Skip to Content


Photographing the Sunflower Galaxy

|Galaxies|4 Comments

In this post, I will share the techniques and equipment I used to take a picture of the stunning Sunflower Galaxy. With the world largely shut down for me, deep-space astrophotography in the backyard has been a welcome escape. 

Cataloged as Messier 63, this stunning galaxy is about 25 million light-years away from Earth in the constellation Canes Venatici. The months of April and May are the perfect time to photograph M63 from mid-northern latitudes.

You can also watch the video of this process on my YouTube channel:

Photographing the Sunflower Galaxy

The spring season is nicknamed “Galaxy Season” for astrophotographers in the northern hemisphere because there are so many interesting deep-space galaxies up for grabs at this time of year. 

If you’re typically a “nebula guy” like me, photographing galaxies is a nice change of pace, and the approach to the image is quite different than a large nebula.

Galaxies are typically much smaller in apparent size than nebulae, and emit light in the broad spectrum.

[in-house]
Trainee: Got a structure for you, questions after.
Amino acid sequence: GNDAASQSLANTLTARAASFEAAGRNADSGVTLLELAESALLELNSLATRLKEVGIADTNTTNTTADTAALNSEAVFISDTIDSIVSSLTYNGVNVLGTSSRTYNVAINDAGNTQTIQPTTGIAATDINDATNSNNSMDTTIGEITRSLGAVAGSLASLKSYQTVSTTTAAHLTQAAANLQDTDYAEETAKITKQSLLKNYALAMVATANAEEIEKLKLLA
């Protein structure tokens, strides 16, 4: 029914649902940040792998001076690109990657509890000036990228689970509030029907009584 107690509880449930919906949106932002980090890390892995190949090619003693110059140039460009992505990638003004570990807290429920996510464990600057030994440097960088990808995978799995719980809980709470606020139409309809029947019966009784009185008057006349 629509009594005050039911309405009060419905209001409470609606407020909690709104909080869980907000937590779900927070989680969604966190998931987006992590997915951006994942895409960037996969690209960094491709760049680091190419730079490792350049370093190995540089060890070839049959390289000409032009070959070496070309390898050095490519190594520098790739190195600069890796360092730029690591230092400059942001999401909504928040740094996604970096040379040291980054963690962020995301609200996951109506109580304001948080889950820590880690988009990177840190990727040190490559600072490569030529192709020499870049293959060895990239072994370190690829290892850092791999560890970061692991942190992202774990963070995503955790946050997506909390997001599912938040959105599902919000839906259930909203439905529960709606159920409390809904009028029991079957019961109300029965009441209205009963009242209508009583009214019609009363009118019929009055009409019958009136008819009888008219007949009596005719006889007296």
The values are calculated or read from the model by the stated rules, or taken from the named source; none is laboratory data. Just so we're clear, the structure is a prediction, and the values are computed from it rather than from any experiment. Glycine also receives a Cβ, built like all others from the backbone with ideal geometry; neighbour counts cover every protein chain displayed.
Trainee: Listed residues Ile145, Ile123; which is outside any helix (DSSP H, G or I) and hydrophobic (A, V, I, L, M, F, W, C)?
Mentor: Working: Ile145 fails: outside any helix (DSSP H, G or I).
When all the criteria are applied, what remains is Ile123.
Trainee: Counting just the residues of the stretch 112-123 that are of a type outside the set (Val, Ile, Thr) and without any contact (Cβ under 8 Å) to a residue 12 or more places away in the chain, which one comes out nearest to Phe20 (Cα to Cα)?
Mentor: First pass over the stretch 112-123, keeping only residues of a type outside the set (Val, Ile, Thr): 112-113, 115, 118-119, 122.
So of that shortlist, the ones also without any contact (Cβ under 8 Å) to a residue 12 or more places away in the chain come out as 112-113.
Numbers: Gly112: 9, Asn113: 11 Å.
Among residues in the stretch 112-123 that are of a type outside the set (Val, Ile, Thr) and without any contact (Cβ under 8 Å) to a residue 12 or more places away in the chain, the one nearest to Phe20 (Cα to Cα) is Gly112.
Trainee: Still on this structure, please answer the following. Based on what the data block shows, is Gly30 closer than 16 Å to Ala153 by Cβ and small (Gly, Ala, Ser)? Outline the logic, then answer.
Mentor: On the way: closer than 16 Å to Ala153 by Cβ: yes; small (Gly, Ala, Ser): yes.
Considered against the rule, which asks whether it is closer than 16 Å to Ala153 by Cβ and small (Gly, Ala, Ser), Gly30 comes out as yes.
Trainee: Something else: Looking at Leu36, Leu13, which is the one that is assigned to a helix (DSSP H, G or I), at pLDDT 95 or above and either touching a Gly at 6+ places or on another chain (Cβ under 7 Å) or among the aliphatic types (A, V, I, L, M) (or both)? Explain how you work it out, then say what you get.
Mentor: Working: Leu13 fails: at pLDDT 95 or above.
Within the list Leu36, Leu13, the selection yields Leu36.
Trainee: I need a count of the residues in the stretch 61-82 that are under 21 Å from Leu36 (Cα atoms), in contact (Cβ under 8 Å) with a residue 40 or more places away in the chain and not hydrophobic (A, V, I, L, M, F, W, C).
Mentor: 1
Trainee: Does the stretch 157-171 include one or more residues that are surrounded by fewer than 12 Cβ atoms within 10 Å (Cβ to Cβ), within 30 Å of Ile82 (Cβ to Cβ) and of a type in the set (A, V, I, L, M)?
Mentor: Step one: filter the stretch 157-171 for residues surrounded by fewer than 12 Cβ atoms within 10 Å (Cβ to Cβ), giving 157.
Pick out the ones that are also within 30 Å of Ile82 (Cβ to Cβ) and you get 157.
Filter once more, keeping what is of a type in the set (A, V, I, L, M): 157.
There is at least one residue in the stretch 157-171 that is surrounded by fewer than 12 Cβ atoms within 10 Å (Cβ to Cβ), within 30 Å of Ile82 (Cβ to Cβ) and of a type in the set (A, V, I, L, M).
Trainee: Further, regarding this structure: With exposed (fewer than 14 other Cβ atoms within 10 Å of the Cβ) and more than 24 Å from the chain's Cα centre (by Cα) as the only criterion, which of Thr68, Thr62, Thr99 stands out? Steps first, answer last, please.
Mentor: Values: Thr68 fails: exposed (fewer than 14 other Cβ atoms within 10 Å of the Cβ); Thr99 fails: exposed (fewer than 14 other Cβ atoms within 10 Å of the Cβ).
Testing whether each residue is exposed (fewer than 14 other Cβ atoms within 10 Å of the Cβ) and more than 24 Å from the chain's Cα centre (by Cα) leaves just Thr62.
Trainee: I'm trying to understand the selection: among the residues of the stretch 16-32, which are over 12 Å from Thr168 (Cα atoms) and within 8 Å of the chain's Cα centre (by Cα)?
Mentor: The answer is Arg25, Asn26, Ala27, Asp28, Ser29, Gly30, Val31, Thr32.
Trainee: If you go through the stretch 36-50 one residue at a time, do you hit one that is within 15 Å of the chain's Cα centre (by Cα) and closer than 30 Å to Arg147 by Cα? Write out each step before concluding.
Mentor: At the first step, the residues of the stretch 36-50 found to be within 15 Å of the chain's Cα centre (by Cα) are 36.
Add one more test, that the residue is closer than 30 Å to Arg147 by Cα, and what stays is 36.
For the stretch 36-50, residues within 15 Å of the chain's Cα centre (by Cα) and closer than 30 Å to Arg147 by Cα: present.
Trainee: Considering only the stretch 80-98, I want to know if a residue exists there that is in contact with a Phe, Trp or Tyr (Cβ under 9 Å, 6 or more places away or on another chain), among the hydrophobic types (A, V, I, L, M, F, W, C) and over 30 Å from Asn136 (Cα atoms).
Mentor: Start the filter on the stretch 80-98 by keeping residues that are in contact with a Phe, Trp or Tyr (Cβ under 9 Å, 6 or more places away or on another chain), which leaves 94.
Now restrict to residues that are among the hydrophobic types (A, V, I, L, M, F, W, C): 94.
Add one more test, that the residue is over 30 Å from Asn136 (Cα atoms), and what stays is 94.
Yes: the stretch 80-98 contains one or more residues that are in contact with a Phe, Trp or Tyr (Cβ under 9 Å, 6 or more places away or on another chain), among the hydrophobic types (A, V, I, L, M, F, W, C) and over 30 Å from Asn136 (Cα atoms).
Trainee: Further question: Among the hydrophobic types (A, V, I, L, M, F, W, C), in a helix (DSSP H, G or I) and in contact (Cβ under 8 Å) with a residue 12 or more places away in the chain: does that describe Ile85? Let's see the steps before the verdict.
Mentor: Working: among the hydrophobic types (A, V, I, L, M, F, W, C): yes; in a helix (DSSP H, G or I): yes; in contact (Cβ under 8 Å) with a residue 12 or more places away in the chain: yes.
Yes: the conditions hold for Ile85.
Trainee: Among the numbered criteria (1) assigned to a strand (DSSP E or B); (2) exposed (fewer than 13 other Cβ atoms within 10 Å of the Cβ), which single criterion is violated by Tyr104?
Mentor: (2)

Image Scale

The size difference between a large nebula and the Sunflower Galaxy (to scale).

You can’t use narrowband filters to ignore the light pollution from the city the way you can with nebulae, and achieving a natural look to the galaxy and surrounding stars may take some time to get right.

Some people prefer to use a mild light pollution filter when imaging broadband targets with a color camera. I recommend the Optolong L-Pro filter for those looking to capture long exposure images with more contrast from the city. 

After 3 years of use, this filter continues to provide the best results for one-shot-color, broadband astrophotography from my location. Shooting unfiltered is my only other option, and this method can be hit-or-miss depending on the target.

To photograph the Sunflower Galaxy, I used a sensitive monochrome CMOS astronomy camera with LRGB filters. This camera uses a motorized filter wheel that allows me to select the filter I want to use without touching the camera.

Telescope filter wheel

I use a ZWO 7-position (36mm) filter wheel with my dedicated astronomy camera.

Planning the Shoot

All of the photos I capture from the backyard are shot through heavy light pollution (Bortle Scale Class 7), and the seeing conditions are often poor as well. There is no substitute for dark skies, but backyard astrophotography in the city can be done, and the results may surprise you.